The world of nature is a world of order. How different is the world of man, where human affairs so often descend into chaos, because the members of society flout those very principles which should bring order into their lives. The Quran says: "Do they seek a religion other than the religion of God, when everything in the heavens and the earth has submitted to Him" (3:83). Social living, if it is to be successful, should be regulated by laws which are as inexorable as the laws of nature. These laws can be effective, however, only if man fully grasps the necessity to adhere to them. He must realise that society without order is like a factory without electricity. It simply will not work.
It should also be realised that the prevalence of certain virtues over their opposing vices is a great contributing factor in maintaining order. Generosity, broadmindedness, forgiveness and gentlemanly behaviour must respectively override miserliness, narrow-mindedness, vengefulness and meanness. Consideration for others must always be one's first response in any given situation, particularly when it concerns keeping confidences, because the disclosure of others' faults or secrets shows a mindless callousness which breeds nothing but ill-will. Above all, promises must always be kept. Certain traits of character are naturally supportive of social order. Knowing what a situation requires of one, whether it is a matter of conscience or discretion is always conducive to harmonious living. Just knowing what to say, and when to speak and when to remain silent is one of the greatest social virtues. Knowing whether to adopt a hard or a soft attitude, whether to be firm or whether to be pliant is equally important.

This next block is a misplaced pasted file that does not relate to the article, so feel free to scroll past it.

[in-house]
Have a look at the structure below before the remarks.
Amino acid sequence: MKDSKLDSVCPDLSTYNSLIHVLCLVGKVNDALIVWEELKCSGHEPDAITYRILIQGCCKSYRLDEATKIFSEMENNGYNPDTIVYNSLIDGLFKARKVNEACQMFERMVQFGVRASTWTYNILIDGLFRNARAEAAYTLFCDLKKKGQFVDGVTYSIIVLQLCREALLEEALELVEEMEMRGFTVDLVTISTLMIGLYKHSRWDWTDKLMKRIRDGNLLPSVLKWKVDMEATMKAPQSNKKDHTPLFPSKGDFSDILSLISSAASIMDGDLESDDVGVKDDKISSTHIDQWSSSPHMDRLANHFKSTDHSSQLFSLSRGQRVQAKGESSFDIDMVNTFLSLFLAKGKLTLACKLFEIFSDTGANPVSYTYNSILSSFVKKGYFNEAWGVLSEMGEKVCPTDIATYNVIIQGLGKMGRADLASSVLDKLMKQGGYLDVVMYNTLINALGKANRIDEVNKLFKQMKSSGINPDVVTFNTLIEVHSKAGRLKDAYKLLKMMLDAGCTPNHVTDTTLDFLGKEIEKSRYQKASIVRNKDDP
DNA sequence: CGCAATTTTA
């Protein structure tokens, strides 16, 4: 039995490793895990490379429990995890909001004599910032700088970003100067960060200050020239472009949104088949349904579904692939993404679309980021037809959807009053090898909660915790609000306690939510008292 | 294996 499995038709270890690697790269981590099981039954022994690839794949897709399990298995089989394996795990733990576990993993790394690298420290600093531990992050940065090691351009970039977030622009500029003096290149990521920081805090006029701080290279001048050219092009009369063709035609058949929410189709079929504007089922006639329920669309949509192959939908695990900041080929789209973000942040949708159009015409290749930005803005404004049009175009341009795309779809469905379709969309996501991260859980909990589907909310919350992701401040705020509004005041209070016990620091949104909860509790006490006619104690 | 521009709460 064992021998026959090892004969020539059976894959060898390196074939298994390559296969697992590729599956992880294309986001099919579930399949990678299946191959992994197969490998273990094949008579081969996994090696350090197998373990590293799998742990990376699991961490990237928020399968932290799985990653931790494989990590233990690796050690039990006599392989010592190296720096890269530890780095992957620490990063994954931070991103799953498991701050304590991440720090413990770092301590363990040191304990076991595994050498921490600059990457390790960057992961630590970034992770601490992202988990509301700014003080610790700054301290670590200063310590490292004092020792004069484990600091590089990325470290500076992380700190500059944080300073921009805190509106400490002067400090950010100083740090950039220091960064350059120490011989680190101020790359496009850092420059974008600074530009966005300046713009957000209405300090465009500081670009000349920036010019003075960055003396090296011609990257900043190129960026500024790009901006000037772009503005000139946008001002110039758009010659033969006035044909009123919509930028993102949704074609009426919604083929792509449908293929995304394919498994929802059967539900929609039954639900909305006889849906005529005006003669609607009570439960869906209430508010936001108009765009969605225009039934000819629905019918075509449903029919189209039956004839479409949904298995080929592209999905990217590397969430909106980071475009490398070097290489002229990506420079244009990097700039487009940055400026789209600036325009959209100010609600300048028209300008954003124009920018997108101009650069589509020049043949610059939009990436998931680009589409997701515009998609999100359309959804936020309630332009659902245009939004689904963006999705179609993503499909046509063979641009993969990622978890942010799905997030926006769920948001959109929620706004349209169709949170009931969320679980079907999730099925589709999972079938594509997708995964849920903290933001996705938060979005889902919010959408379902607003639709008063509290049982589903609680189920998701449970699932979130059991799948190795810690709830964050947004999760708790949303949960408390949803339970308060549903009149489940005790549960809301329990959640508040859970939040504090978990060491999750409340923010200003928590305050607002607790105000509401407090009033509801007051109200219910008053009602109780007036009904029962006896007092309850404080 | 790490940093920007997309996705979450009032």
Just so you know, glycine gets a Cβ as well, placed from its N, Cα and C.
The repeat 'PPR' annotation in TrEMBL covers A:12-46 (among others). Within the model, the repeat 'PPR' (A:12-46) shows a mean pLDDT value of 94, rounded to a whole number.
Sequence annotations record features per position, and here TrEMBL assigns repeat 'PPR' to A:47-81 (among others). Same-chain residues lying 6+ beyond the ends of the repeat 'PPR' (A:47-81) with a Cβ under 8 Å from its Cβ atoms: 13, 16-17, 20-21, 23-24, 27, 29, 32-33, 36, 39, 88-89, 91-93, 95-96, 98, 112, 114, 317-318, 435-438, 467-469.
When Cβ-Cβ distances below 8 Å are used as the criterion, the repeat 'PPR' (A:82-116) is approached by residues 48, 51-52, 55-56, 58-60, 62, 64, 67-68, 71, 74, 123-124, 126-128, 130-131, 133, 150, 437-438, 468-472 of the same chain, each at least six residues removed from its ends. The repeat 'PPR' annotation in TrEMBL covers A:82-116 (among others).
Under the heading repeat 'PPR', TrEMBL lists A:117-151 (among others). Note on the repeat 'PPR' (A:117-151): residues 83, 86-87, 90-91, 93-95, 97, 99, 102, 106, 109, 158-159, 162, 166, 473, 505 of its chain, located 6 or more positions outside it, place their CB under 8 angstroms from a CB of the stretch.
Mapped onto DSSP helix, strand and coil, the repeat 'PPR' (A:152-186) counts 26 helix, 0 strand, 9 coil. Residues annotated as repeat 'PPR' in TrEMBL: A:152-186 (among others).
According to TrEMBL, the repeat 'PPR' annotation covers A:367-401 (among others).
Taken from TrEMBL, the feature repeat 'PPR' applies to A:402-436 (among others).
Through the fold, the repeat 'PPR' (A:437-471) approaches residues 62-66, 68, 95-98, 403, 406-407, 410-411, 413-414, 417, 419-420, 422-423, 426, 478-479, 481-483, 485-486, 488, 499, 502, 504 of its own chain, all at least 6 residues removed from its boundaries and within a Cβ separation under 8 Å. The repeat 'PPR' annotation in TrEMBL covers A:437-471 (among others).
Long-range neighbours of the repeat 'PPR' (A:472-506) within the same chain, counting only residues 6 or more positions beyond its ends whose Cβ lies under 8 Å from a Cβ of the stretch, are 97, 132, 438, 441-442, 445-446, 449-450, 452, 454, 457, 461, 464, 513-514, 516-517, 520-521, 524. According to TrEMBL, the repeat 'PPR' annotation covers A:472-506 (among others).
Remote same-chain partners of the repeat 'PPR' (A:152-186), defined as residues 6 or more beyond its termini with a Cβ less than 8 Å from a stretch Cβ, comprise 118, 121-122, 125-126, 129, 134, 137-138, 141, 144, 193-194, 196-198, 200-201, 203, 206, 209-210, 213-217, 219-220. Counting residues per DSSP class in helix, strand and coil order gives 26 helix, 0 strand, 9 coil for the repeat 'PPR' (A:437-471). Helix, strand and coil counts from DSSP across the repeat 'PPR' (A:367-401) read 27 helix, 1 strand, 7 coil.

People who understand these niceties of social coexistence, and put them into practice, are vital to the solidarity of a community, without them, order would degenerate into anarchy.